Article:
One thing that can't be argued with: whoever David Paterson picks to replace Hillary Clinton in the Senate will need win an election at the end of Clinton's term in 2010, and again in 2012.
The impending campaign in an expensive media market has been cited as a reason to pick, say, Caroline Kennedy, who has the connections and the fund-raising capacity to do it.
It's also been cited as a reason someone like Kennedy might not want the seat–the Times wondered if she would be interested in the "unglamorous aspects of campaigning across New York’s 62 counties."
While electability is certainly a factor, history indicates Paterson might not want to base his decision on it.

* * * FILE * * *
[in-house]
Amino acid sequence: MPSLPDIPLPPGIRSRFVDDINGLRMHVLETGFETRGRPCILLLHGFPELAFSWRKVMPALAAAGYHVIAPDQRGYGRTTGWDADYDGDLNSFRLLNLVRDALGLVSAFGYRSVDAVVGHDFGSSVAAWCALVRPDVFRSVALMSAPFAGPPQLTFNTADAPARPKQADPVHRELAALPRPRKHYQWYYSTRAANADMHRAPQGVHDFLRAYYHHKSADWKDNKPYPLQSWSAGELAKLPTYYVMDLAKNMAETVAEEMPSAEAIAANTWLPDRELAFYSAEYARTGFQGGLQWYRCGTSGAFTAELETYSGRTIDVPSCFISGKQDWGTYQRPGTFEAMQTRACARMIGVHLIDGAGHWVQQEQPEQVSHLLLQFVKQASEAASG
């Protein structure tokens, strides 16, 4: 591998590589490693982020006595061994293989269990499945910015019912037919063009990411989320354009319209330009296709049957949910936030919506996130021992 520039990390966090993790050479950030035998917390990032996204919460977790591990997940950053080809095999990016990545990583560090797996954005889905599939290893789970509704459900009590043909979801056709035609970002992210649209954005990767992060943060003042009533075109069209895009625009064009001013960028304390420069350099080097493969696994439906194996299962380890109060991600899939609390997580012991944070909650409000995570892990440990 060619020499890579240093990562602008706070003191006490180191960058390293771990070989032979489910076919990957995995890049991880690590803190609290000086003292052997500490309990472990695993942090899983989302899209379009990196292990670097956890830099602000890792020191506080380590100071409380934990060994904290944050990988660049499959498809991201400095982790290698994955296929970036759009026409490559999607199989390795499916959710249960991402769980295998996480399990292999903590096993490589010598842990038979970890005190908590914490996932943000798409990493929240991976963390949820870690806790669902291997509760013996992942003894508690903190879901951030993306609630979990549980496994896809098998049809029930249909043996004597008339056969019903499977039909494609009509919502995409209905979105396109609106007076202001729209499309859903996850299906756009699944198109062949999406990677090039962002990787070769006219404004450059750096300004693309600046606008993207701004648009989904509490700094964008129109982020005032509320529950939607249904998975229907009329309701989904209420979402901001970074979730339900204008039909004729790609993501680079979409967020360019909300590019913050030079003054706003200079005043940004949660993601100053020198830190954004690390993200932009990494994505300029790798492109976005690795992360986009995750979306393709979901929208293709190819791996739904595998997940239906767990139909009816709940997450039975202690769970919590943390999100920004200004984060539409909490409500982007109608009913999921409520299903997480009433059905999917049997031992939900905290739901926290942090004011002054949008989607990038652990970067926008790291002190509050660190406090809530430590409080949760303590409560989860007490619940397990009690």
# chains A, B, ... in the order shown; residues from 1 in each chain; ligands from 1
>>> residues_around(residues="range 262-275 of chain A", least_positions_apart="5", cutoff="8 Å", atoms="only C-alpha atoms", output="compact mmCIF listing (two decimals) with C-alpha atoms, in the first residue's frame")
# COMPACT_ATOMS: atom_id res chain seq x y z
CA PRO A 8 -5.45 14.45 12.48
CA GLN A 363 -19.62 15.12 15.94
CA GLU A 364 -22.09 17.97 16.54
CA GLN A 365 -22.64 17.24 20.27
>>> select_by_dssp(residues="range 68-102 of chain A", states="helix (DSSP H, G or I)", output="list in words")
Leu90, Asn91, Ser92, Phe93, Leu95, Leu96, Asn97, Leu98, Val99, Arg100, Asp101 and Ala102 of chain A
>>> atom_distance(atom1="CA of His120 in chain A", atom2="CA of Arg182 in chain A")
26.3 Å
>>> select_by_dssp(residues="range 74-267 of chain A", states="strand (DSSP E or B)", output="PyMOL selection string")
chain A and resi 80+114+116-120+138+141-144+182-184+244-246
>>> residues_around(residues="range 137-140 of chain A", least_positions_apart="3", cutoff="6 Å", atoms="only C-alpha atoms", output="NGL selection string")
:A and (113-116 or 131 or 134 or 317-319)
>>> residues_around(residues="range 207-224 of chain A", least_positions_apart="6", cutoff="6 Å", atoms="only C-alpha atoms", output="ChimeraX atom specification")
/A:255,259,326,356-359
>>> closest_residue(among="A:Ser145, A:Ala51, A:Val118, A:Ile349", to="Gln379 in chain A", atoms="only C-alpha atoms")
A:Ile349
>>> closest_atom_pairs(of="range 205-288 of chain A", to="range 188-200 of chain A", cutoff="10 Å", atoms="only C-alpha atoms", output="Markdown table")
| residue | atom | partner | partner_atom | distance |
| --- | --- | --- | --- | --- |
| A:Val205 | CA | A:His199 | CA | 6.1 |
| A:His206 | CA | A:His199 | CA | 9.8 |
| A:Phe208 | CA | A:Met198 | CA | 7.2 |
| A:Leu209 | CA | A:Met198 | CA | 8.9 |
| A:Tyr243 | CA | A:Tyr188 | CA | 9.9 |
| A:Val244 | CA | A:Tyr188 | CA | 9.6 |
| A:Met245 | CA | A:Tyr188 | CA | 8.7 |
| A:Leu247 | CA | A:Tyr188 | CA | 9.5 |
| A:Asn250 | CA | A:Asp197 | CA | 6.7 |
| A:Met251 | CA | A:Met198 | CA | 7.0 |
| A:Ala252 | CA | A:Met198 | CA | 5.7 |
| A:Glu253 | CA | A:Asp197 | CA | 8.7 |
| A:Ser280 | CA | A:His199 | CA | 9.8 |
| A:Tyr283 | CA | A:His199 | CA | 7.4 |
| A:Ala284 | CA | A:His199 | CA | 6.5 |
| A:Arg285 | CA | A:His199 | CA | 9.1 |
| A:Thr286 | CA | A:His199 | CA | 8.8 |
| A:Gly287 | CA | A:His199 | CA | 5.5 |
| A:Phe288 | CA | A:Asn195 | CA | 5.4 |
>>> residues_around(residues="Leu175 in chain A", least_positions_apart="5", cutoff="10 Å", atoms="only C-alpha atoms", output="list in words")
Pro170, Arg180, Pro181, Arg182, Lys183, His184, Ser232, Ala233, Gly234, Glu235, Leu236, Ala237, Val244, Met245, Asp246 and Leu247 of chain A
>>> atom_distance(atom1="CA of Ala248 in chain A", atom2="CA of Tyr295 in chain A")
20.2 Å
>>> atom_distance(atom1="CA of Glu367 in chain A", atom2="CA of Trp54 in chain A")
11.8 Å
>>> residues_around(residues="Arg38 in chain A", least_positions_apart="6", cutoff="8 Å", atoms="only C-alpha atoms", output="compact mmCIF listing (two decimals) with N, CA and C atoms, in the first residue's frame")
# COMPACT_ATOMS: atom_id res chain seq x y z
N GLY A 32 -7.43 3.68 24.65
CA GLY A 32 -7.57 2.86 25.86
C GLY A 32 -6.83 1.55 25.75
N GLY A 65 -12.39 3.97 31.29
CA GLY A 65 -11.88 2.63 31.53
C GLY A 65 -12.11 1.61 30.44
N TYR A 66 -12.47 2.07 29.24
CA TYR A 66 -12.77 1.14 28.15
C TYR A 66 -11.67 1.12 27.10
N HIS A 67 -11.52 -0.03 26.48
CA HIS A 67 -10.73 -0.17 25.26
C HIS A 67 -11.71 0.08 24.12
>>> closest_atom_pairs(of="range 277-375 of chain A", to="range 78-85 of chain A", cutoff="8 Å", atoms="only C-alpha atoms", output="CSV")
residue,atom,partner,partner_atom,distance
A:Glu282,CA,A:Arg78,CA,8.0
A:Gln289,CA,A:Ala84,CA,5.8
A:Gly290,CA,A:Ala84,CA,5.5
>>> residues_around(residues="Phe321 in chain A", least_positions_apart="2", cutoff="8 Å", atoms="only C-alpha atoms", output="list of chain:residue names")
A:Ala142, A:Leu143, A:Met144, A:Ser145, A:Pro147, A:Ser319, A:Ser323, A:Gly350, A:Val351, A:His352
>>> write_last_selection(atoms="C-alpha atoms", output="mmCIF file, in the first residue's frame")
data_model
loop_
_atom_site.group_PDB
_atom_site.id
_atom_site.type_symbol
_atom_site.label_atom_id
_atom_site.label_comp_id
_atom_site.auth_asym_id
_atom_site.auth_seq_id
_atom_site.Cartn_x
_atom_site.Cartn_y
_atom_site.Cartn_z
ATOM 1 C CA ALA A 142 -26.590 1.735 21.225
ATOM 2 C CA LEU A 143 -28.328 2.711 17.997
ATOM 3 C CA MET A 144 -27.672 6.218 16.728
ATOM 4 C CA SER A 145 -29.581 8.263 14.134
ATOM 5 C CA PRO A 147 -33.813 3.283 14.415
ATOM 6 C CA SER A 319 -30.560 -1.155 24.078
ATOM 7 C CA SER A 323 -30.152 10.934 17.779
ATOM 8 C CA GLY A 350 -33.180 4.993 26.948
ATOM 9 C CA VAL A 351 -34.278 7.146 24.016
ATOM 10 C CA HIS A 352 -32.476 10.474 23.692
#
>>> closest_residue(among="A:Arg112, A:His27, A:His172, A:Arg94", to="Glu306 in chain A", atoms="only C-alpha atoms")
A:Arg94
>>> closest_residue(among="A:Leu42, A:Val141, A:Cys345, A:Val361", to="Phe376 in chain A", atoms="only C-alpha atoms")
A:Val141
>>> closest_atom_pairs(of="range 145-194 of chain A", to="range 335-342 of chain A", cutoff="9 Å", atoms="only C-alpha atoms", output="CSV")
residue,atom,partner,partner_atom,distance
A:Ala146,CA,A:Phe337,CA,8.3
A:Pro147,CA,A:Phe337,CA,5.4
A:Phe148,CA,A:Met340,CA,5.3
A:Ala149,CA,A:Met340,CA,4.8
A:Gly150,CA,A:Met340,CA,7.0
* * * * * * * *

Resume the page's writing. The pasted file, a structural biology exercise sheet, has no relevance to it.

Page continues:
A review of election results shows that in New York, no sitting Democratic senator has lost an election since at least 1920.
Courtesy of a reader:
Copeland (D, elected 1922) – Houghton (R) 49-48
Wagner (D, elected 1926) – Medalie (R) 56-39
Copeland (D) – Cluett (R) 55-37
Wagner (D) – O'Brian (R) 55-45
Mead (D, elected special election 1938) – Barton (R) 53-47
Wagner (D) – Curran (R) 53-57
Lehman (D, elected special election 1949) – Hanley (R) 50-45
Moynihan (D, elected 1976) – Sullivan (R) 65-34
Moynihan (D) – McMillan (R) 67-32
Moynihan (D) – (R) Castro 55-42
Schumer (D, elected 1998) – (R) Mills 71-25
Clinton (D, elected 2000) – (R) Spencer 67-31